Under the Hood of “Target Retirement Date” ETFs

by on May 25, 2009 | Updated May 26, 2009 | ETFs Mentioned:

The exchange-traded fund industry has enjoyed explosive growth in recent years due to the significant advantages of these investment vehicles over traditional mutual funds and individual securities. Perhaps most notably, ETFs offer investors a cost-efficient mechanism to gain access to a diversified basket of securities. ETFs allow investors to create a well-diversified investment portfolio by holding only a handful of assets. A relatively new ETF innovation, however, takes this efficiency to the extreme – offering access to a complete portfolio through a single ETF.

Under the Hood

Target retirement date ETFs are the ultimate in a passive, buy-and-hold investment strategy. An investor simply selects the fund that corresponds to his or her intended retirement date (e.g., 2035 fund) and allows the ETF managers to do the rest. I should note that this concept is not altogether new – anyone with a 401(k) knows of numerous mutual funds operating under the same premise - but is a relatively new concept in the ETF industry.

Obviously, an investment portfolio appropriate for a  25-year old professional will not be appropriate for that same investor 30 years later as he approaches retirement. A young investor would likely be heavily exposed to equities, while an investor in his 50s would likely devote a much larger portion of his assets to fixed income investments. As such, target retirement date ETFs are not static, but rather adjust to a more conservative asset allocation as the relevant retirement date approaches.

Let’s take a look at two iShares Target Retirement Date ETFs to understand how these funds change over time:

 S&P Target Date 2040 Index Fund (TZV): This ETF seeks to represent investment opportunity generally available in target date funds through an asset allocation that targets a retirement horizon around 2040. As of spring 2009 (i.e., 30+ years before the anticipated retirement date), TZV’s asset allocation was as follows:

  • 64.8% domestic equities
  • 19.5% international equities
  • 15.7% domestic fixed income

S&P Target Date 2020 Index Fund (TZG): This ETF seeks to represent investment opportunity generally available in target date funds through an asset allocation that targets a retirement horizon around 2020. As of spring 2009 (i.e., 10+ years before the anticipated retirement date), TZG’s asset allocation was as follows:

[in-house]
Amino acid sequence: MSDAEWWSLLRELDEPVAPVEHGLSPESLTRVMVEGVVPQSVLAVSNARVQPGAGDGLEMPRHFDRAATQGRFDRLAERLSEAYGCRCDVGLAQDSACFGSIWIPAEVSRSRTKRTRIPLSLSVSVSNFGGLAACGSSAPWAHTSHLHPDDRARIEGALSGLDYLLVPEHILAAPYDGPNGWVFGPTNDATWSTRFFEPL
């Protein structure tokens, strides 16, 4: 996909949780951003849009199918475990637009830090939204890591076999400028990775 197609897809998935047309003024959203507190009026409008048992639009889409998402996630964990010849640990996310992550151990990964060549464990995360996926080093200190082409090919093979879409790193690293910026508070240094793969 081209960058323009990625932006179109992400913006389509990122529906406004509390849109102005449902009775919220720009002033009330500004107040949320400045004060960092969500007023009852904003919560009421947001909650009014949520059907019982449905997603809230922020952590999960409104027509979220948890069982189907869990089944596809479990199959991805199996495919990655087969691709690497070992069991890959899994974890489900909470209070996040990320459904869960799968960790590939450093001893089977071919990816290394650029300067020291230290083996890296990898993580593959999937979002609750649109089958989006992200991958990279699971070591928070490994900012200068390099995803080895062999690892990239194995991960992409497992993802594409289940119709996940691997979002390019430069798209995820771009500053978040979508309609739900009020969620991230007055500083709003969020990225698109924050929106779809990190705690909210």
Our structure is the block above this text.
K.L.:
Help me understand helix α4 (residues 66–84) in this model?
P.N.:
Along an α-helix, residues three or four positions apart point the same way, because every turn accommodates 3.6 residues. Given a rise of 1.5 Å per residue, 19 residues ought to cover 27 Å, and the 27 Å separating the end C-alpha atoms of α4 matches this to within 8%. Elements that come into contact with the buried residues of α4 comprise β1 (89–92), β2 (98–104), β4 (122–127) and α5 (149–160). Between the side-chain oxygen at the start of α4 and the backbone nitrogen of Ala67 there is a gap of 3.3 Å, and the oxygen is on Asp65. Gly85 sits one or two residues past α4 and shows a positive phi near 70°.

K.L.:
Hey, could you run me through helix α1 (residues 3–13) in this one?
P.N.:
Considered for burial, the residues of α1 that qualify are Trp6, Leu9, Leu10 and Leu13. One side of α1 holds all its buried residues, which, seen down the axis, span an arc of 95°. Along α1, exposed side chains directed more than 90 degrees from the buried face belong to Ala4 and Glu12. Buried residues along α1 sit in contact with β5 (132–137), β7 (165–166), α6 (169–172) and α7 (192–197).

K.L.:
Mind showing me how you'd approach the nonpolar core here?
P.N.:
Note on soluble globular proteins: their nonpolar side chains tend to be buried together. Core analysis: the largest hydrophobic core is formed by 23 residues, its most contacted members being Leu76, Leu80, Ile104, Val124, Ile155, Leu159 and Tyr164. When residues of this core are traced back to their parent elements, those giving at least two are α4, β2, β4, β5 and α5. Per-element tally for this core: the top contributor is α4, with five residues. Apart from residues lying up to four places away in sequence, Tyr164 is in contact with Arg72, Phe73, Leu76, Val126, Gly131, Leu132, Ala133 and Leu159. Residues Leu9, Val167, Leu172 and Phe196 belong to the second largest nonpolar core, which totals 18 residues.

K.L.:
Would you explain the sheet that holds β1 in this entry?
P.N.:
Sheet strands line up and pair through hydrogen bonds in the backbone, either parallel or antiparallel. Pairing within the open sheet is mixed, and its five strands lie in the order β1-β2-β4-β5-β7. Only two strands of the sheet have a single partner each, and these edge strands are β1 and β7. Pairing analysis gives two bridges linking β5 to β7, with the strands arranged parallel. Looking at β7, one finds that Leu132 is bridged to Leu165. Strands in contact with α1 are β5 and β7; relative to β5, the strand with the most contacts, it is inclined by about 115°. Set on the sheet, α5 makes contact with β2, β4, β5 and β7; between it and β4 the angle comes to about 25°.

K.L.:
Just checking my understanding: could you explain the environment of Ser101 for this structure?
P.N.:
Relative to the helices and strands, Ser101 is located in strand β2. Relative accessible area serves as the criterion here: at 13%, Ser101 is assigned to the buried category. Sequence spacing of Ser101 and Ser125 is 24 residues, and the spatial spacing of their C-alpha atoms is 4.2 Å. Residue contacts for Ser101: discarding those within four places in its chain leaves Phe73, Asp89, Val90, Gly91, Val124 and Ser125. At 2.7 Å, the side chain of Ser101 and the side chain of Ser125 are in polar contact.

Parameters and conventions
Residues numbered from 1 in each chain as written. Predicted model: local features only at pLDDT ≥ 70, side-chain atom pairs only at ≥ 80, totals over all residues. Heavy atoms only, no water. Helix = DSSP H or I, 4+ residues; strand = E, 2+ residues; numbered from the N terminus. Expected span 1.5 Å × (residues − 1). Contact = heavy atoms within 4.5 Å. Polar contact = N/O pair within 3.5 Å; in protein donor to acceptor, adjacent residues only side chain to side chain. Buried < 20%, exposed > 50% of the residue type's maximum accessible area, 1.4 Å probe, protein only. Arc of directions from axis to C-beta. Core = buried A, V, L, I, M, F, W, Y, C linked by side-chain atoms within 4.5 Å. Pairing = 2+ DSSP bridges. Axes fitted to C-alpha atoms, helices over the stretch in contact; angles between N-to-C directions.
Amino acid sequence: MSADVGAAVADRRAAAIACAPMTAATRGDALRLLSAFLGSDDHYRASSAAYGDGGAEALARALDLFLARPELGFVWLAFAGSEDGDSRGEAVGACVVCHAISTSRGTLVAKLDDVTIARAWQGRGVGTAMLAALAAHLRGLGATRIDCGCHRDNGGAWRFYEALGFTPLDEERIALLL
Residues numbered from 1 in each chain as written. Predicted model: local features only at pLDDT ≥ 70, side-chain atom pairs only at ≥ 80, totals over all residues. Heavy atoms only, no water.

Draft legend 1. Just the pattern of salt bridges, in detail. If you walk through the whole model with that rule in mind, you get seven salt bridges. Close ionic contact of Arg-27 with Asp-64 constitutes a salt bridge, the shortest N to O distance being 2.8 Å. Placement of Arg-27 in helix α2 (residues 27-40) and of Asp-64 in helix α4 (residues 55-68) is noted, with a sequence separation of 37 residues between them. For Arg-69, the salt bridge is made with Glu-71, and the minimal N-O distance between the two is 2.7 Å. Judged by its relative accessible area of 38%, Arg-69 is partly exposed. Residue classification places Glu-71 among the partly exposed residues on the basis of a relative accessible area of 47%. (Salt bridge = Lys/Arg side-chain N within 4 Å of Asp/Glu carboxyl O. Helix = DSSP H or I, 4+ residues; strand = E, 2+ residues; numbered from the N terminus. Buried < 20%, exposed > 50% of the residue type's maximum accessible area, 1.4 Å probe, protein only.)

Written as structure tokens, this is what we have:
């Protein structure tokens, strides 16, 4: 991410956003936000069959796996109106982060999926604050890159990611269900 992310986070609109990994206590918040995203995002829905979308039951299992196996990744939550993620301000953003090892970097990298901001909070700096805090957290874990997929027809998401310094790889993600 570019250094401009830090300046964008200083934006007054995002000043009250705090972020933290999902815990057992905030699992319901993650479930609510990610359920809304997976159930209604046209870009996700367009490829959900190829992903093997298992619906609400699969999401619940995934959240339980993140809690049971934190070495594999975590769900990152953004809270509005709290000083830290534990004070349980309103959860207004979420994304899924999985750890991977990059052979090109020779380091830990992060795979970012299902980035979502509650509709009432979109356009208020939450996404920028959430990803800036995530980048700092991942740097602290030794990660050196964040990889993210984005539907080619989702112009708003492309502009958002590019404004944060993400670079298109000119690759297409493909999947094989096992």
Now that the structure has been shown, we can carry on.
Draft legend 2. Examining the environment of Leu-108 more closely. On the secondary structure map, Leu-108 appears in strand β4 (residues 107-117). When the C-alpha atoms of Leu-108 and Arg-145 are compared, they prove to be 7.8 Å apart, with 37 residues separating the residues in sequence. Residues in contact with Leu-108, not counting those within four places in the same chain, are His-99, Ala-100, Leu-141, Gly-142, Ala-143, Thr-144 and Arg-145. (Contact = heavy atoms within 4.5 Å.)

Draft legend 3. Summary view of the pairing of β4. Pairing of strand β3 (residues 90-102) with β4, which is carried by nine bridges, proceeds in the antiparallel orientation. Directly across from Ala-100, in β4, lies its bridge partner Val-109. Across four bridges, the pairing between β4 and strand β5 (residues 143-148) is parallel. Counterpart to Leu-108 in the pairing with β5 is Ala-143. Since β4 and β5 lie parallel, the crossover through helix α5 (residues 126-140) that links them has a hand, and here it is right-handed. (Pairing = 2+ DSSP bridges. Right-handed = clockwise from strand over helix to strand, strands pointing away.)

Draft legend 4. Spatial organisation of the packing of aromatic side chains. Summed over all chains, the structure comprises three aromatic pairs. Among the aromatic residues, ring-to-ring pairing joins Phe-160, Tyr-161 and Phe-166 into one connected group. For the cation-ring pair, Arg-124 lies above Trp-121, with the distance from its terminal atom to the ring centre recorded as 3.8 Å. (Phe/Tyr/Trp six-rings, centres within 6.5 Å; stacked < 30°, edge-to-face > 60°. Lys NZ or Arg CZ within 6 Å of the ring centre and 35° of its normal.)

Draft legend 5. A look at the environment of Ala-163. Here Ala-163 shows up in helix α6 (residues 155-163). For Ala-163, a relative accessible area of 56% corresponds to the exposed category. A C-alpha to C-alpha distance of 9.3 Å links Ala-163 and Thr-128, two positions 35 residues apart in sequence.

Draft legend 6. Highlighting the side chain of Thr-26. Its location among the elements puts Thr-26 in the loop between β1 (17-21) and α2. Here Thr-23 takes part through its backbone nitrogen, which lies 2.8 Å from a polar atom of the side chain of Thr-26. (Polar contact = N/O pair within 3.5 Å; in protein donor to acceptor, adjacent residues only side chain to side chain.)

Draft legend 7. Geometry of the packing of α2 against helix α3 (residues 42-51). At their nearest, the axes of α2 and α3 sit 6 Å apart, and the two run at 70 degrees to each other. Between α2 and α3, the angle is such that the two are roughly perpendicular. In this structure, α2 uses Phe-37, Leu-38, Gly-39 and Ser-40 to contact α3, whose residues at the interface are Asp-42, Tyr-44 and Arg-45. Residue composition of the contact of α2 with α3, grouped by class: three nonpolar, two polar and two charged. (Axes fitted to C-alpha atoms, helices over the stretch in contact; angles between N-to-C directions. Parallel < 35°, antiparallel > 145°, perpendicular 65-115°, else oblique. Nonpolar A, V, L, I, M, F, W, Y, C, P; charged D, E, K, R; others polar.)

• 45.1% domestic equities
  • 12.5% international equities
  • 41.6% domestic fixed income
  • 0.7% domestic real estate

As depicted graphically below, the 2040 fund holds a much higher percentage of equities (84%) than does the 2020 fund (48%). And this makes perfect sense – investors targeting a retirement date of 2020 are likely in or near their 50s. In addition, since there is a shorter time horizon over which they are able to recover value in the event of major losses (like, say, what we’ve experienced over the last 12 months), these investors have a relatively low risk tolerance. Investors targeting a 2040 retirement date, however, are likely in their 30s now and can afford to take on a higher risk profile. This is because these individuals have several years during which they can accumulate savings, and a longer time period over which any adverse movements can be recovered.

As the retirement date approaches, the allocation to fixed income increases

Over the next 20 years, the 2040 fund will gradually shift away from equities and towards bonds, eventually looking very similar to how the 2020 fund looks today.

Funds of Funds

It’s interesting to note the composition of the target retirement date ETFs. iShares’ funds, for example, are almost entirely comprised of interests in other iShares ETFs, including the S&P 500 Index Fund (IVV), Barclays Aggregate Bond Fund (AGG), MSCI EAFE Index Fund (EFA), and S&P Midcap 400 Index Fund (IJH).

Pros and Cons

The most significant advantage of target retirement date ETFs is relatively obvious: investors are able to purchase only one security that adapts over time to fit their circumstances, allowing them to “set it and forget it.” There are, however, also some considerable drawbacks. While investors may be able to keep costs low by limited portfolio turnover, because these ETFs are funds holding other ETFs, there is a double layer of fees. These expenses are relatively low (hence the tremendous popularity of ETFs), but still add up over a long investment horizon. In addition, while age is a significant determinant of an appropriate asset allocation, it is not the only one. Wealth, current income needs, tax situations, and other factors all impact the asset allocation strategy that is appropriate for a particular investor. Since target retirement date ETFs follow general rules to determine their allocation to different asset classes at any given time, they may not meet your optimal allocation strategy.